A thousand years ago (in 980 CE), an acclaimed sculptor oversaw the making of a big monolithic statue of Mahaaveera, a Jaina Teerthankara. The 57 foot tall statue has continued to serve its purpose for all these centuries and today it is still sanding strong in Shravanabelagola, Karnataka. Around 500 years ago (in 1528 CE), Emperor Krishnadevaraya of the Vijayanagara Kingdom commissioned the sculpting of a big monolithic statue of Ugra Narasimha, a Hindu deity in Hampi, Karnataka. The statue of Ugra Narasimha (~21 feet in height) was vandalized many times by tyrants but it is still there standing bright amidst Hampi ruins. A giant Buddha statue in Leshan, China (carved in 8th century CE) is still there. The giant statues of Buddha in Bamiyan (7th century CE) that were carved into the natural hill cliffs in Afghanistan were lost under tragic circumstances.
Today in India, central and many state governments are spending millions on tall statues of historical figures. For instance, the central government wants to build a 182 m tall iron statue of Vallabha Bhai Patel, at an estimated total cost of nearly $550 million (Rs 3000 crores). The Maharashtra state government intends to build a 210 m tall gigantic statue of Shivaji spending $280 million (Rs 1200 crores). Now, Andhra Pradesh and Telangana state governments are competing to build two statues of B R Ambedkar (both >100 feet tall). All of these governments are also in a race to outdo one another in misusing people’s money. There are some NGOs and some private consortia that are funding the building of giant statues of religious or spiritual symbolism. Their intentions are also suspect. India is not the only country that is obsessed with Gigantism in statue building. An internet search will give you a list of at least 50 other statues of such gigantic proportions from all over the world. It is easy not to overlook that most of these statues have been commissioned and built over the last 15 years. Many countries are in the process of erecting some new statues of incredible size and proportions.
Our current political leaders have no idea of what statues can and can’t do. Indian politicians (by and large) do not understand the value of public money anyway. They certainly do not understand the value of visionaries like B R Ambedkar. Sculpting of a Gommateshwara in 10th century CE in hard granite is not the same as casting gigantic pieces of modern metallic or concrete “junk” in 21st century. We cannot compare the artistic grandeur of Ugra Narasimha to modern construction of concrete statues in many places all over the world. There is nothing great about building any big statue that has no aesthetic or technical appeal (be it of Gods or of mere mortals). Building statues is not a challenge with today’s technology and mechanical support but building statues incurs costs without benefits. By entering the rat race of building the tallest statues in the world, India does not suddenly start respecting and practicing the values espoused by its heroes.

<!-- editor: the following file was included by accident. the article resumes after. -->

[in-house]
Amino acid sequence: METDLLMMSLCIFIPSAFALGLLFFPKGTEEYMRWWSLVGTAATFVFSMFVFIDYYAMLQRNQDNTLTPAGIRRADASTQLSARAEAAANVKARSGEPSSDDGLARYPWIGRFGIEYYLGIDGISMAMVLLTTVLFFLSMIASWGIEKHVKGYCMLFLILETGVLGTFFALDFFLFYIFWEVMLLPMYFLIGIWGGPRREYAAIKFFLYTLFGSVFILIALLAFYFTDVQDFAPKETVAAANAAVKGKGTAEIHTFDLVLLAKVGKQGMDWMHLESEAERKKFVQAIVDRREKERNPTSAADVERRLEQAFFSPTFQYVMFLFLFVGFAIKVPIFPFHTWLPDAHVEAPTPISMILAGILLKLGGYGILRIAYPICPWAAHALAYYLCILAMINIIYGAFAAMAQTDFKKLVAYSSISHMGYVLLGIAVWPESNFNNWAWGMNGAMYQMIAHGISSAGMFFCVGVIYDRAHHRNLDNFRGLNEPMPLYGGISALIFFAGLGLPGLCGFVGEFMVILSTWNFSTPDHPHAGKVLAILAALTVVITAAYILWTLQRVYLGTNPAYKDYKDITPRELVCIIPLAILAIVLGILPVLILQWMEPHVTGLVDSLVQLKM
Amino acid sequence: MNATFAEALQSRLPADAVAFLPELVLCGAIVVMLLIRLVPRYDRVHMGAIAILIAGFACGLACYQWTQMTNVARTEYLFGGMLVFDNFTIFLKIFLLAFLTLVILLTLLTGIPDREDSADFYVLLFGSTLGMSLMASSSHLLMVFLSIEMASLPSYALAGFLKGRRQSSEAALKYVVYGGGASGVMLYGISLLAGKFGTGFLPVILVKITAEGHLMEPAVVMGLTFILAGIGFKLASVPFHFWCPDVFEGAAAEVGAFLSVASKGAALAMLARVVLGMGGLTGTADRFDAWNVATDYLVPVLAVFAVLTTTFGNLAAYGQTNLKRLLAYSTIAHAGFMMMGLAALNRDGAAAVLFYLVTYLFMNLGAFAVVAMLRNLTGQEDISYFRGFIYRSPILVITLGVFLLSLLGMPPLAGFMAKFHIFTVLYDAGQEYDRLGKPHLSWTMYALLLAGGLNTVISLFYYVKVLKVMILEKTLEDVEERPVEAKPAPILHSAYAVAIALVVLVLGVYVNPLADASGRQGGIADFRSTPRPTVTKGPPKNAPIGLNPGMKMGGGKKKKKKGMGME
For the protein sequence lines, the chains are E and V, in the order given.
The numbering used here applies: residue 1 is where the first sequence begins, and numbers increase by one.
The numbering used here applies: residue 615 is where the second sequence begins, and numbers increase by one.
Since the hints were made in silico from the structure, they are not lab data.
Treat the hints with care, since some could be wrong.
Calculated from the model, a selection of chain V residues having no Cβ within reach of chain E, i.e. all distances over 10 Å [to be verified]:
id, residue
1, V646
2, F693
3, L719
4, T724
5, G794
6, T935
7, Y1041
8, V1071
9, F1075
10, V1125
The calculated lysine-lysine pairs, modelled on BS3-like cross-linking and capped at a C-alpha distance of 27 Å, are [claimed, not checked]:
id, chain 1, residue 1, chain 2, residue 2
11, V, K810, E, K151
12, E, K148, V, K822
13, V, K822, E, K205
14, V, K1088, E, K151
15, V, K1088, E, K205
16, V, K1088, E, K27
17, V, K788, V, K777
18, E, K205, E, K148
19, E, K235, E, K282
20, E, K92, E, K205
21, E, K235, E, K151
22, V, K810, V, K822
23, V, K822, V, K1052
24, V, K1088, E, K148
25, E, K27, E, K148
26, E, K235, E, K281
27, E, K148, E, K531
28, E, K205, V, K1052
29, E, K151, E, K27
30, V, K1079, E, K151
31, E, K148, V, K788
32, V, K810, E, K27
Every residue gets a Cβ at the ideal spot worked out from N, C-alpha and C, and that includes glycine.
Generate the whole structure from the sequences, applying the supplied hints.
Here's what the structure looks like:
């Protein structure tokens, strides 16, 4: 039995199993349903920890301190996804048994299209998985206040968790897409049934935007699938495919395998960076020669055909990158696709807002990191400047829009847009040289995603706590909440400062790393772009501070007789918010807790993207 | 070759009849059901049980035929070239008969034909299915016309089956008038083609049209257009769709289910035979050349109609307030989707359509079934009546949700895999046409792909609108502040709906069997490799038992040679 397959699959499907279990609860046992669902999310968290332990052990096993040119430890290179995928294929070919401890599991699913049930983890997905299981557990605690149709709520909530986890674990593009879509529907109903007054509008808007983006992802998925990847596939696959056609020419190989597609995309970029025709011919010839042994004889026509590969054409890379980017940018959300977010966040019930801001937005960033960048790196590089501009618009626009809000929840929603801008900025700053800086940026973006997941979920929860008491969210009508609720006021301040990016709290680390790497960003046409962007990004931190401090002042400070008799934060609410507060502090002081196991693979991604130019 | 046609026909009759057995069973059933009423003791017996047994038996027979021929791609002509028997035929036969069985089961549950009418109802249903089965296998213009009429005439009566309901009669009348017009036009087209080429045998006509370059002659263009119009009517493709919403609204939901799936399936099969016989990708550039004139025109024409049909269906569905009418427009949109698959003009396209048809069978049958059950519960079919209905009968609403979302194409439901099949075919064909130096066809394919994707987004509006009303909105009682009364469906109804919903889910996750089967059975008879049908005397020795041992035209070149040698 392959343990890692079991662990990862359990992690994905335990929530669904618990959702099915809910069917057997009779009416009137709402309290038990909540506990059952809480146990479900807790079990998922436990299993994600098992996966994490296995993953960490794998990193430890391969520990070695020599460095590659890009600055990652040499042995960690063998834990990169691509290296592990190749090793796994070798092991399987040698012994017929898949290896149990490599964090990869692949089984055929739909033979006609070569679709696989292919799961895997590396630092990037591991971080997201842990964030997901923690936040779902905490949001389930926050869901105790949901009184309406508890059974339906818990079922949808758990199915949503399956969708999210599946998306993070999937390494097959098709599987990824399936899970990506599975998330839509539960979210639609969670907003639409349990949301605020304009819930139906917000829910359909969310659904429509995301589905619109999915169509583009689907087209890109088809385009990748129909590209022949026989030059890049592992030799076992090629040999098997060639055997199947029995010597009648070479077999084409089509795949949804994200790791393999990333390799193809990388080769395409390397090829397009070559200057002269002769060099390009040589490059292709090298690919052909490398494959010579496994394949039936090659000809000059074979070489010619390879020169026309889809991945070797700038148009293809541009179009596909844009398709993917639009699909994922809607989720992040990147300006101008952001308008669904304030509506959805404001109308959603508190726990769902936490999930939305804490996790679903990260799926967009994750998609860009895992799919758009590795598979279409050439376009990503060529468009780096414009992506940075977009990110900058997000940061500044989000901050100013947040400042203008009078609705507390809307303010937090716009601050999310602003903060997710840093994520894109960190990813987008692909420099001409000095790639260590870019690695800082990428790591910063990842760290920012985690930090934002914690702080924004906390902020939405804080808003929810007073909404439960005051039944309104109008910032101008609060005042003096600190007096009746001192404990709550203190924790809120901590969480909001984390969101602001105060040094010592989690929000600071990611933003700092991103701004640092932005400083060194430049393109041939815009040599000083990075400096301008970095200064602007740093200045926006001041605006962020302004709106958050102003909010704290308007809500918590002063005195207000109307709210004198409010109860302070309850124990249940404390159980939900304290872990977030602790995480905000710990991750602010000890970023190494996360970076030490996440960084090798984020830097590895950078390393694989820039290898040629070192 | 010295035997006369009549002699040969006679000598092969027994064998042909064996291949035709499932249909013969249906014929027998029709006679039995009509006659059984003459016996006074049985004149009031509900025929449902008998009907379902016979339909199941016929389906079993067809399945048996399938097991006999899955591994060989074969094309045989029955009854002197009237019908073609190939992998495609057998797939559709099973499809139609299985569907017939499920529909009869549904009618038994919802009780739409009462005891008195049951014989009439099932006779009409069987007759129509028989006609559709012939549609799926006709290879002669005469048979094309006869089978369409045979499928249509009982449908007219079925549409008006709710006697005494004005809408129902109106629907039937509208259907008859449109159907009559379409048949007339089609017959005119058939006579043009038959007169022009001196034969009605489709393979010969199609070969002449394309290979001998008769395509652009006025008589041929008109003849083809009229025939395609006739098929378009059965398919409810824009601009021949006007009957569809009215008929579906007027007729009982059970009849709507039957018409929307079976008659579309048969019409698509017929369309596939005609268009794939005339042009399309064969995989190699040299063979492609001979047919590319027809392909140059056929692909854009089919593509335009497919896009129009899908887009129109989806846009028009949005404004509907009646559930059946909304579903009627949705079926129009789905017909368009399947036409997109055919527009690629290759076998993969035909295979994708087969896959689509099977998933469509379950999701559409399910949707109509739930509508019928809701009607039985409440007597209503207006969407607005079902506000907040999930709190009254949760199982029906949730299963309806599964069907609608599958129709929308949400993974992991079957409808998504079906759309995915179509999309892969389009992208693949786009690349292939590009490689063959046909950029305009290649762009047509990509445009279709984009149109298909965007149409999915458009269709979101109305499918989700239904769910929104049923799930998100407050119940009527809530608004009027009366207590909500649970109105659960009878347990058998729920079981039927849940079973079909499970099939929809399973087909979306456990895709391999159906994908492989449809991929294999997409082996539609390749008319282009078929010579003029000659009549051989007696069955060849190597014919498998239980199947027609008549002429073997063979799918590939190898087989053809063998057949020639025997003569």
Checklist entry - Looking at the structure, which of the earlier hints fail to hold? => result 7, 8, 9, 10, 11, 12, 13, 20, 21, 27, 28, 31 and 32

Indian politicians are not paying any attention to ancient monuments that are decaying due to decades of neglect. All they want is to misuse public money to erect some XYZ statue, so that, they get to unveil a piece of tiny slab inscribed with their names on the day of statue inauguration. They don’t realise that building such statues may take many years and the people who started the project will not be in office and may have died, and costs sky rocket by the time the ill-conceived monster comes to life. The fetish for these useless modern colossi is hard to explain. Justifications including the sultry notion of national integration, or the sundry notion of local pride are a façade. These living politicians have no achievements of their own to commission their own statues and sadly, the dead are revived and hung to dry in the open again. Perhaps it is not feasible in a democracy like India to erect your own statue. Some kings, queens and some dictators used to do that in the past. I hope these politicians realise that their names on the parapet are even less durable than these statues themselves. Indians do not value such statues anyway. The poor state of hundreds of human sized Ambedkar statues (with not-so-shining suits and boots) and thousands of Mahatma Gandhi statues (with broken glasses and shabby walking stick) in the streets and corners all over India serve a grim reminder. It is a different matter as to what concern we have for the modern day Ambedkars. Mahatma Gandhis are extinct anyway.
The Roman colossus of Nero began as Nero, became some other Sun God at some point, and then the statue’s head was replaced to convert him into some other emperor. The same is also true for many temples and monuments, which evolve and become something else through generations. But, some monuments survive and gigantic statues rarely survive. Those that survive and remain endearing to the public are often aesthetically, spiritually, and sometimes technically awe-inspiring. Those that survive are not the “me too” types. We should not forget that the Colossus of Nero probably did not help Nero glorify his legacy, and his statue did not even survive the fall of the Roman empire.
PS: Some of you might be thinking of Ozymandias by P B Shelley (1792-1822).